CNN also revealed its own bias by favouring the research conducted by audio engineer Philip Van Praag and his team alleging 13 or 14 shots could be identified on the Pruszynski audio tape of the shooting and ignoring acoustic expert Philip Harrison’s detailed study. The CNN story merely reported that the California Attorney General had said the audio engineers’ report was an “interpretation or opinion that is not universally accepted by acoustic experts.”  (8)

A trained acoustic engineer, Harrison had worked on more than a thousand cases for one of the leading forensic firms of its kind in the world. Van Praag is actually an audio engineer by profession, which is quite a different thing, and his experience is simply not comparable to Harrison’s; nor is the rest of Van Praag’s team. ( )It could also be argued that the vast majority of ear-witness testimony comports with Harrison’s analysis and contradicts Van Praag’s assertions. It also begs the question – why didn’t Sirhan’s lawyers hire an acousticscompany to examine the Prusynski Tape? No other acoustics company in the world has examined the tape in the decade or so since Harrison published his report.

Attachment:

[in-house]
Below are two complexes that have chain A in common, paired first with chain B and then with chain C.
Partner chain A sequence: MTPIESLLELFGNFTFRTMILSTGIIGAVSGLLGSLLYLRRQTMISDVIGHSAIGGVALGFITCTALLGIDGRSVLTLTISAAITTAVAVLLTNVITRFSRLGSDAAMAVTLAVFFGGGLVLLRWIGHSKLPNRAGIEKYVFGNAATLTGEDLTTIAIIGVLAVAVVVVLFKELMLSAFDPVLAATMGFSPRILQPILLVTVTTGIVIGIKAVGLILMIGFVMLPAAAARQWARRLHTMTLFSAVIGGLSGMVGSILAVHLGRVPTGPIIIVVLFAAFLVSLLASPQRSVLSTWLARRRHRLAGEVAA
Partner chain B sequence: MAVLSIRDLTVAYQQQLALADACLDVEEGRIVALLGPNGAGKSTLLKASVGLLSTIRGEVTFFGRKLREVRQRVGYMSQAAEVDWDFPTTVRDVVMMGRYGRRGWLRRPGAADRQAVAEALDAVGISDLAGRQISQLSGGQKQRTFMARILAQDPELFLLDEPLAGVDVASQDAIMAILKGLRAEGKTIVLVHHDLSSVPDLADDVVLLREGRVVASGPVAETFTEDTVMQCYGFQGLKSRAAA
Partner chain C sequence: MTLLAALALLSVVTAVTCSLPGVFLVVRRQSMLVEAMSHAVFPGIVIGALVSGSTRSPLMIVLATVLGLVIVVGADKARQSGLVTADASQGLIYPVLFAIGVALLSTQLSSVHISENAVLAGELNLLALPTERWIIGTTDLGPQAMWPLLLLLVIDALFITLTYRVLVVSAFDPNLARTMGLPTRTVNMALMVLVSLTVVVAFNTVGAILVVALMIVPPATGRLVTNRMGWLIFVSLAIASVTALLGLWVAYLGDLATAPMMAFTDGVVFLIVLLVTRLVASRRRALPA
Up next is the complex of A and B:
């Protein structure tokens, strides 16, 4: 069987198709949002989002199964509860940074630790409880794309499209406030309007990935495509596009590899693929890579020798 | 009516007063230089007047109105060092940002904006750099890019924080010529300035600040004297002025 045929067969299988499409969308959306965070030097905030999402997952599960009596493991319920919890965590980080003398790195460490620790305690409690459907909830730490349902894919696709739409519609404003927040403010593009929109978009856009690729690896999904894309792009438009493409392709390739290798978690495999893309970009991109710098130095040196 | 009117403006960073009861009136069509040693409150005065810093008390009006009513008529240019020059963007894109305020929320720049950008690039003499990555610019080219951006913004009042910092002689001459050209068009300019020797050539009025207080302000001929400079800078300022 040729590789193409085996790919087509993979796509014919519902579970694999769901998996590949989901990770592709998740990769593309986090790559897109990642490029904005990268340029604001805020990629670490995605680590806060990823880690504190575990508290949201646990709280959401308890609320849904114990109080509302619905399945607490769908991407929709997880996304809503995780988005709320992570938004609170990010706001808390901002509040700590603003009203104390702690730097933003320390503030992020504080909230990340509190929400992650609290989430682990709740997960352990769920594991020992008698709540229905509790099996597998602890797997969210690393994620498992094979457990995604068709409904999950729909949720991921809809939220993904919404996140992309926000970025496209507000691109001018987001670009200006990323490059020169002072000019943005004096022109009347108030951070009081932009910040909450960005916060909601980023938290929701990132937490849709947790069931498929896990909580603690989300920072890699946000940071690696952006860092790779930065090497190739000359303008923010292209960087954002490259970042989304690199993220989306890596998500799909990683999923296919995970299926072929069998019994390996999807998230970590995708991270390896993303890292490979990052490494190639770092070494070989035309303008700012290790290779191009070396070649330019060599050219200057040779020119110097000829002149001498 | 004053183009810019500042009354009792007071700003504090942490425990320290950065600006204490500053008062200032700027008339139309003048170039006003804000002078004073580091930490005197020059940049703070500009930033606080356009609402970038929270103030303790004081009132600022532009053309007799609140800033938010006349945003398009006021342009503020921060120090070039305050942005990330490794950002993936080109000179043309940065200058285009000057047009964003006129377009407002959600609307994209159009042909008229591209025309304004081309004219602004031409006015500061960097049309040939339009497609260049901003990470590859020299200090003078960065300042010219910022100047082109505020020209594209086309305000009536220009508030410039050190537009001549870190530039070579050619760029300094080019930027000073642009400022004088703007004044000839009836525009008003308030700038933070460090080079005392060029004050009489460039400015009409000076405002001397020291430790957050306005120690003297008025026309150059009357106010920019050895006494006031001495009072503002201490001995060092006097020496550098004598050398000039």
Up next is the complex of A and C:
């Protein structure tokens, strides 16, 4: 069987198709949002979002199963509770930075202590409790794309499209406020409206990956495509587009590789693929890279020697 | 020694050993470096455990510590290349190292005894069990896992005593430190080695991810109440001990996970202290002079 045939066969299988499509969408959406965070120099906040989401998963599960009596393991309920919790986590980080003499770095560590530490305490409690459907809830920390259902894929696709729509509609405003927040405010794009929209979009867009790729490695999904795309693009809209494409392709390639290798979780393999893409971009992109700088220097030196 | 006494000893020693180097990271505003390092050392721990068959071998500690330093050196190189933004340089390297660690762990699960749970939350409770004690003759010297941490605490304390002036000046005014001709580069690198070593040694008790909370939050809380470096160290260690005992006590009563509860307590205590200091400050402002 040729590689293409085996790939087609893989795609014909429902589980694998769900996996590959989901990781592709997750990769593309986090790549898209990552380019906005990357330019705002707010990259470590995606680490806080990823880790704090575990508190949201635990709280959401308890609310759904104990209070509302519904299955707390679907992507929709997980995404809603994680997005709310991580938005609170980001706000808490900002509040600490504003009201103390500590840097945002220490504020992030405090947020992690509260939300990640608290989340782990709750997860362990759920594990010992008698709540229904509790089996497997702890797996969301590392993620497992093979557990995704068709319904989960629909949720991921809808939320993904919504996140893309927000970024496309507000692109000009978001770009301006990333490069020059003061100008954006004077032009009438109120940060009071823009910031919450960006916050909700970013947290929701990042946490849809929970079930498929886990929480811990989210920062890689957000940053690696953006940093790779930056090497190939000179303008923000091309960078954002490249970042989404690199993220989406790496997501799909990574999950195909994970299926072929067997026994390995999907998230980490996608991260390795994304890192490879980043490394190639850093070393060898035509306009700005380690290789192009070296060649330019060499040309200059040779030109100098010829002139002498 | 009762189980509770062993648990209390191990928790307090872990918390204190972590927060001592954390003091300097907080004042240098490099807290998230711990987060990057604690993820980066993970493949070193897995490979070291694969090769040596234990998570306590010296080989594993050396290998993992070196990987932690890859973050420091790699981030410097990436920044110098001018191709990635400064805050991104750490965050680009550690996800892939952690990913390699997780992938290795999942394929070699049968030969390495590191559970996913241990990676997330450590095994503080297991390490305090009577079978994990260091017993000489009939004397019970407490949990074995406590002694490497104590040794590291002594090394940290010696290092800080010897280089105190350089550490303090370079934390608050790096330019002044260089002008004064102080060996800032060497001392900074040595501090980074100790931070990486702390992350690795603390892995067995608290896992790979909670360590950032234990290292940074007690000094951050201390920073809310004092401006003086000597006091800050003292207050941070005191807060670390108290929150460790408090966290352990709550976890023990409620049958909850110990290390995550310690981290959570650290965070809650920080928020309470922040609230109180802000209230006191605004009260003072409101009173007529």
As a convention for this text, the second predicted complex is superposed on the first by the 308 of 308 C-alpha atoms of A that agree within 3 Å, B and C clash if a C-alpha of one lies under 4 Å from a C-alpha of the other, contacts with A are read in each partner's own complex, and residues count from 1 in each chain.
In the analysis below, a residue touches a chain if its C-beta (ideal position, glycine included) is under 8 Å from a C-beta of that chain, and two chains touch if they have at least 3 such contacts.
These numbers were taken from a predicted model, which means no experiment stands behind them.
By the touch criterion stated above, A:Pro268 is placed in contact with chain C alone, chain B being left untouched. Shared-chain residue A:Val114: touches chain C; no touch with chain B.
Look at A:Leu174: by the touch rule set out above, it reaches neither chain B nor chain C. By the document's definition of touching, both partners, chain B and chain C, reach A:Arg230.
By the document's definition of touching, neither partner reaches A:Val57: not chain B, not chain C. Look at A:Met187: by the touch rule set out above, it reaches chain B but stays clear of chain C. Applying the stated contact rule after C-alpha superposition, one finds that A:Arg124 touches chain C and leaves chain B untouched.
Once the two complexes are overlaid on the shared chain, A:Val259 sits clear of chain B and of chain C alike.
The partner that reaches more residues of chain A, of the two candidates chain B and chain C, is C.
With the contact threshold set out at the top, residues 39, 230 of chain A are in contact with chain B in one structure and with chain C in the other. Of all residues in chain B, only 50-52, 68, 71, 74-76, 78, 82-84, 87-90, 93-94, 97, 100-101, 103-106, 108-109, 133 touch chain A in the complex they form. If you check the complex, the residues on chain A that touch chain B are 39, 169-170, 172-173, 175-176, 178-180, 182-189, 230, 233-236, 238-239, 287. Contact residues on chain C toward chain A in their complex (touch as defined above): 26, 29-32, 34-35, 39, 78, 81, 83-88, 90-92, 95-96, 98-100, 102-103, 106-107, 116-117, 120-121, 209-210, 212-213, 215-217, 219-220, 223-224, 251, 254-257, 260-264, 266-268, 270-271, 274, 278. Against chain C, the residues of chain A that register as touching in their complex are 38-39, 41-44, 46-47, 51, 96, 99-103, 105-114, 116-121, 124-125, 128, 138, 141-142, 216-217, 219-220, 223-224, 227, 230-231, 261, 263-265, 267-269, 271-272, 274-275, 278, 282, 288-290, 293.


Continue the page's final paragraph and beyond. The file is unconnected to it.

Harrison was able to identify seven impulse sounds (which are characterized by a sharp onset and rapid decay) that corresponded to Sirhan’s gun being fired to the exclusion of another weapon (the seven impulses all exhibited very similar characteristics). An eighth shot could not be clearly identified on the spectrogram made from the tape recording; this sound appeared to be masked by other noise, including screams.

A trio of Americans who have spent decades examining the scientific aspects of the JFK assassination –  Steve Barber, Michael O’Dell and Chad Zimmerman – independently examined the RFK audio tape which was a digital version of the master tape (Author’s Note – nothing is lost during digital copying). Steve Barber had already begun to analyze the Pruszynski recording even before Philip Harrison became involved. He concurred with Harrison’s finding. Their analyses were published on History News Network’s website in March 2007.  Michael O’Dell, one of the leading experts on the JFK acoustics evidence, worked independently of Barber and Zimmerman and his specific findings were very similar to Harrison’s in that he concluded there were, “seven similar sounds and an eighth obscured by noise.” (9)